By Akosua K. Albritton
The major news outlets broadcast “Four black men are killed in one week by the police”. These men are:
- Delrawn Small, age 37, from Brooklyn, NY, DOD: July 4, 2016. He had his five-month-old child in the car with him.
- Alton Sterling, age 37, from Baton Rouge, LA, DOD: July 5, 2016.
- Philando Castile, age 32, from St. Anthony, MN, DOD: July 6, 2016. He was outside of his car with his fiancée Diamond Reynolds reporting the incident on her cell phone seated in the car, and their very young daughter Dae’Anna encouraging and steadying her mother.
- The fourth man in this count is Micah Johnson, age 25, killed in Dallas, TX on July 8, 2016. Johnson was the incensed man who became a sniper and killed five police officers. To shorten the duration of the standoff, the local police department used US military weaponry to incapacitate him.
The fact is more than the above listed men were killed by the police during the week of July 4th. These other men were African-American, too and also Caucasian and Hispanic/Latino. Apparently, the frequency of killing suspects by US police forces is such a concern to the American and international public that web sites exist for the purpose of keeping track of the activity. English major daily The Guardian established The Counted: Police Killings in the U.S. website in 2015. Killed By Police is the database that includes web links to news articles and photos of the killed people. Another website is Innocent Down. The website is so named because the U.S. justice system is based on the premise “innocent until proven guilty”. Killing suspects circumvents the process.
This reporter went to the streets to obtain the public’s response to the question: “Do you have a reaction to the four black men who were killed in one week?” The Flatbush Avenue Street Fair and the Soul Summit at Fort Greene Park were the venues to meet the following New Yorkers:
Lisa McKenzie, Canarsie section of Brooklyn; McKenzie, a woman of African descent, was distributing literature at the street fair when I asked for her comments and reaction (she declined having her picture taken): “I think that everything done is a real tragedy. More can be done to train the police. They need training in human relations and compassion training. They need to know that not every black man and woman is going to harm them…They are seeing color before “person”.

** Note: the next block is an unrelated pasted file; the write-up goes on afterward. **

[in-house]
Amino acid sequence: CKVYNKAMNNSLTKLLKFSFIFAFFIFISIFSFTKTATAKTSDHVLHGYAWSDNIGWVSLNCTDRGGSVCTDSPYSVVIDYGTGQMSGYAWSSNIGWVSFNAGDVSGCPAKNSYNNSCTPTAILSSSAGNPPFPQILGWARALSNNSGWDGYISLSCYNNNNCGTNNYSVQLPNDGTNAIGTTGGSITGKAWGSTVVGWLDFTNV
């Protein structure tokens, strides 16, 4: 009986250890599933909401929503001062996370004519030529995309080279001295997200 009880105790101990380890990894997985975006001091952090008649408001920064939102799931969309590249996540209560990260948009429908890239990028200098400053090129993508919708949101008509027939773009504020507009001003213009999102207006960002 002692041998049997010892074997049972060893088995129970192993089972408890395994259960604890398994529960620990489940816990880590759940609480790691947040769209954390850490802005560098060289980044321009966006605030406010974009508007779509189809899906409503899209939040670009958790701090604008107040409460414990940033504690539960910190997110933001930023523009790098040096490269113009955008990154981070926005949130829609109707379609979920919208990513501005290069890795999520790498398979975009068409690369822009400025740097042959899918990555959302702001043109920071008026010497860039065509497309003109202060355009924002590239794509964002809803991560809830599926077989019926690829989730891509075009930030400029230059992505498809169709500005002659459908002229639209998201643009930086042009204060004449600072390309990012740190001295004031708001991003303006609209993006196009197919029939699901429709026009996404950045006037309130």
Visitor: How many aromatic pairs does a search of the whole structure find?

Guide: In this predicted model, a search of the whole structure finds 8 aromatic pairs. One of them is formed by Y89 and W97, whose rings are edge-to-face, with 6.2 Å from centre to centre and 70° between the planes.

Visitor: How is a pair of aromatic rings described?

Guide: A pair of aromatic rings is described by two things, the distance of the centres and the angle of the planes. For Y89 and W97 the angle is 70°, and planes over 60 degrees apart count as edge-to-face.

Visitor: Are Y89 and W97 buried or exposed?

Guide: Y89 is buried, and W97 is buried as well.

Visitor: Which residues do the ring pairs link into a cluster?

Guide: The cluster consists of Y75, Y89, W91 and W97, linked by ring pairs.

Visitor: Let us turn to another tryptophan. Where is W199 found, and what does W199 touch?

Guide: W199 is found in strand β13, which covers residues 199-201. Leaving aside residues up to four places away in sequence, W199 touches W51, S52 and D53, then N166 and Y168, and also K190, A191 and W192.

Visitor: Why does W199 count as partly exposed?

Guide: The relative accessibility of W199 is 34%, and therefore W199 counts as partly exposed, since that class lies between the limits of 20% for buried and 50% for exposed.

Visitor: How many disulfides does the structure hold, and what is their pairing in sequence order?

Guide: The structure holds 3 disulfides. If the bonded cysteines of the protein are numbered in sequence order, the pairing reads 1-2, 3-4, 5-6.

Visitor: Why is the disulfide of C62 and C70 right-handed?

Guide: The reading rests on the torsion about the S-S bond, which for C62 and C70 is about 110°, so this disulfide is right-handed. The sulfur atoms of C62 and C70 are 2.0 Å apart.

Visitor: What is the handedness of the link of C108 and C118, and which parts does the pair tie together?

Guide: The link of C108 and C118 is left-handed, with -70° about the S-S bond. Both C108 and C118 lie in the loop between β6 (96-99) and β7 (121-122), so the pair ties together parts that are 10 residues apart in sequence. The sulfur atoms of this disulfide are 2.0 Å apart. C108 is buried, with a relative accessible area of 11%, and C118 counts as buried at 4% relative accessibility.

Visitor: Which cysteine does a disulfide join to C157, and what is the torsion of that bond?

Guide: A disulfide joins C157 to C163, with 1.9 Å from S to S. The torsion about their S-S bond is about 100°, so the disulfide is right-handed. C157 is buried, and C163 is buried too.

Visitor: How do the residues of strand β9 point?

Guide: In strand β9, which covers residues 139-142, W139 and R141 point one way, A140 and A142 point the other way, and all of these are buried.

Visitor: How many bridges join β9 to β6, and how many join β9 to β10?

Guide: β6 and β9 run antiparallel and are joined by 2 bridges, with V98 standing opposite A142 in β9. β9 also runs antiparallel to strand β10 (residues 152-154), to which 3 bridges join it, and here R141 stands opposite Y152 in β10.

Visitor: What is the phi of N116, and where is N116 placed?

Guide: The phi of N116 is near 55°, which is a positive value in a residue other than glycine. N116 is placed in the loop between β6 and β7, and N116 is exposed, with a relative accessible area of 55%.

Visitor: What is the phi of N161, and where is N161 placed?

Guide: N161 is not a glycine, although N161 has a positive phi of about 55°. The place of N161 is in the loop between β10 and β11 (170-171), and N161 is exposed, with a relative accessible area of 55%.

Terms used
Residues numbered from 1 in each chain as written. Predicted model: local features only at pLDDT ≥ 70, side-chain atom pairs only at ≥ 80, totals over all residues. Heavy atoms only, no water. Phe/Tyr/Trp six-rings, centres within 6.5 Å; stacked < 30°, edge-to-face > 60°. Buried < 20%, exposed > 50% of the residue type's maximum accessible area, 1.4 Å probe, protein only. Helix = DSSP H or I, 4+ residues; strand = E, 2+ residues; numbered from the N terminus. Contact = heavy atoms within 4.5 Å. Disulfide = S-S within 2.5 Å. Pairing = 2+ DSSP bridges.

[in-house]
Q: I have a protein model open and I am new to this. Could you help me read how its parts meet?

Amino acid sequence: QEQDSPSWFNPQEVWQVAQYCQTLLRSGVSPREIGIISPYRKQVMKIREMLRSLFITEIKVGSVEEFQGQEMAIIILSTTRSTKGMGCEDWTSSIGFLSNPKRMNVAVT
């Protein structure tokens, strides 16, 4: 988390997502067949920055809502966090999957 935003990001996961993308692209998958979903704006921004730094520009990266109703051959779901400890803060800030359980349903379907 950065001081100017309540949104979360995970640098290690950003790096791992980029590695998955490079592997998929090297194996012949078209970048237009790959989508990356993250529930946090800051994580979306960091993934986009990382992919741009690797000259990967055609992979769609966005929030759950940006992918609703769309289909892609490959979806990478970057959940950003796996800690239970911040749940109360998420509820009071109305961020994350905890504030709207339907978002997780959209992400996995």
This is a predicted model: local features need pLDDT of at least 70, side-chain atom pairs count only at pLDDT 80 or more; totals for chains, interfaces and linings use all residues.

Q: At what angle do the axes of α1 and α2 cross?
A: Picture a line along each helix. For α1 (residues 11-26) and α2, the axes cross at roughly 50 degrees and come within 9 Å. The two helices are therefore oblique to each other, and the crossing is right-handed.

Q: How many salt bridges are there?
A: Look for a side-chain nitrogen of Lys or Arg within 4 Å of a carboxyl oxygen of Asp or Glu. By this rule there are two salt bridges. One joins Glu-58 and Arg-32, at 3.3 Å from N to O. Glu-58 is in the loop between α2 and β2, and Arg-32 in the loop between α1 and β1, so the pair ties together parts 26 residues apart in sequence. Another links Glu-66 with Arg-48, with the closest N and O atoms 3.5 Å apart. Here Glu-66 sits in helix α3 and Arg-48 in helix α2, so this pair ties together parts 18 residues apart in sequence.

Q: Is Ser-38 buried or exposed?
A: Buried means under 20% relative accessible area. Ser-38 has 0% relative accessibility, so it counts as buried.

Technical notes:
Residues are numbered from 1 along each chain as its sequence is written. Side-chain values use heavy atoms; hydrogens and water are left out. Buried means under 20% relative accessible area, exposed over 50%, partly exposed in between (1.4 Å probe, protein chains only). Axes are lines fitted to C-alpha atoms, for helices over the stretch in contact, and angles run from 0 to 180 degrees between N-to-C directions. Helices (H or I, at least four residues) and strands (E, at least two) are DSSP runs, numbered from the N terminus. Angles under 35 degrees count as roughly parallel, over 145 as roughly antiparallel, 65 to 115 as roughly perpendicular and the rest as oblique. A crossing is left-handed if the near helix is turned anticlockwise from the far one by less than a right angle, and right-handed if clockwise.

If a police officer is scared of black people, he ought to tell their supervisor if you think your life is in danger. And in Castile’s case, he was in his car and stated he had a gun.
This is causing a lot of tension and people are getting scared of cops… These four men that were killed in 48 hours were supposed to go home. 1% of cops are bad and all the cops need to be retrained. I saw a video on Facebook with a female police officer reacting to this [situation]. She was startled by what she saw. She said other things could have been done other than shoot.
It will turn into a bad situation where the cops are against the civilians and the civilians are against the cops. The man in Dallas who retaliated violently…This was his response to all the killing of black people.”
Keith Williams, East New York section of Brooklyn: “Man is the only misfit in his environment. All other animals kill for food; man kills for vindictiveness. It’s unfortunate that we’ve come to accept killing without asking the questions.
Is it human culture or corporate/class or group of people responsible? We need to get back to education… It is Krisna Murti who said, “Education must be for the significance of life. Education when combined we’ve virtue if an asset of incalculable value.” These are things I embrace. I don’t look at the news much. Is news to inform about a catastrophe and to plan how to deal with it or to just gaze at the catastrophe?”
Austin Hannah, Prospect-Lefferts Gardens section of Brooklyn: “I think it is terrible. I think it is racially motivated. The police should be held responsible. Good cops need to do a better job of weeding out the bad cops. It reflects poorly on all police.” Hannah’s associate Ganesh Samar of Richmond VA. interjected: “The worst part is the local police: they conduct the investigation afterwards.”
Darrell Adams, Canarsie section of Brooklyn: “It is troubling. You fill empty in your stomach—feel nervous… Another day, you feel helpless. You don’t know what day it will happen to you. History is repeating itself… It gets
scary. It is like you never know. The first video, the two cops are holding the man down. The second video, the Minnesota one. His child was in the back seat. He had about 63 traffic violations… It was like an execution. [My] family in Georgia texts me frequently, asking me to be careful.
Joseph (last name not given), a man of African descent from the Flatbush section of Brooklyn: Joseph declined being photographed because “I’m trying to get a city job”.
“If you’re scared to be a police officer, don’t take the job. What is needed is better training in the academy to deal with communities of color–for black and white officers. Some police officers-including blacks–turn into something else while on the police force. They become “blue people”. If you know there’s a bad cop, say something. You should be able to turn in a bad cop without saying your name nor face retribution from your commanding officer.”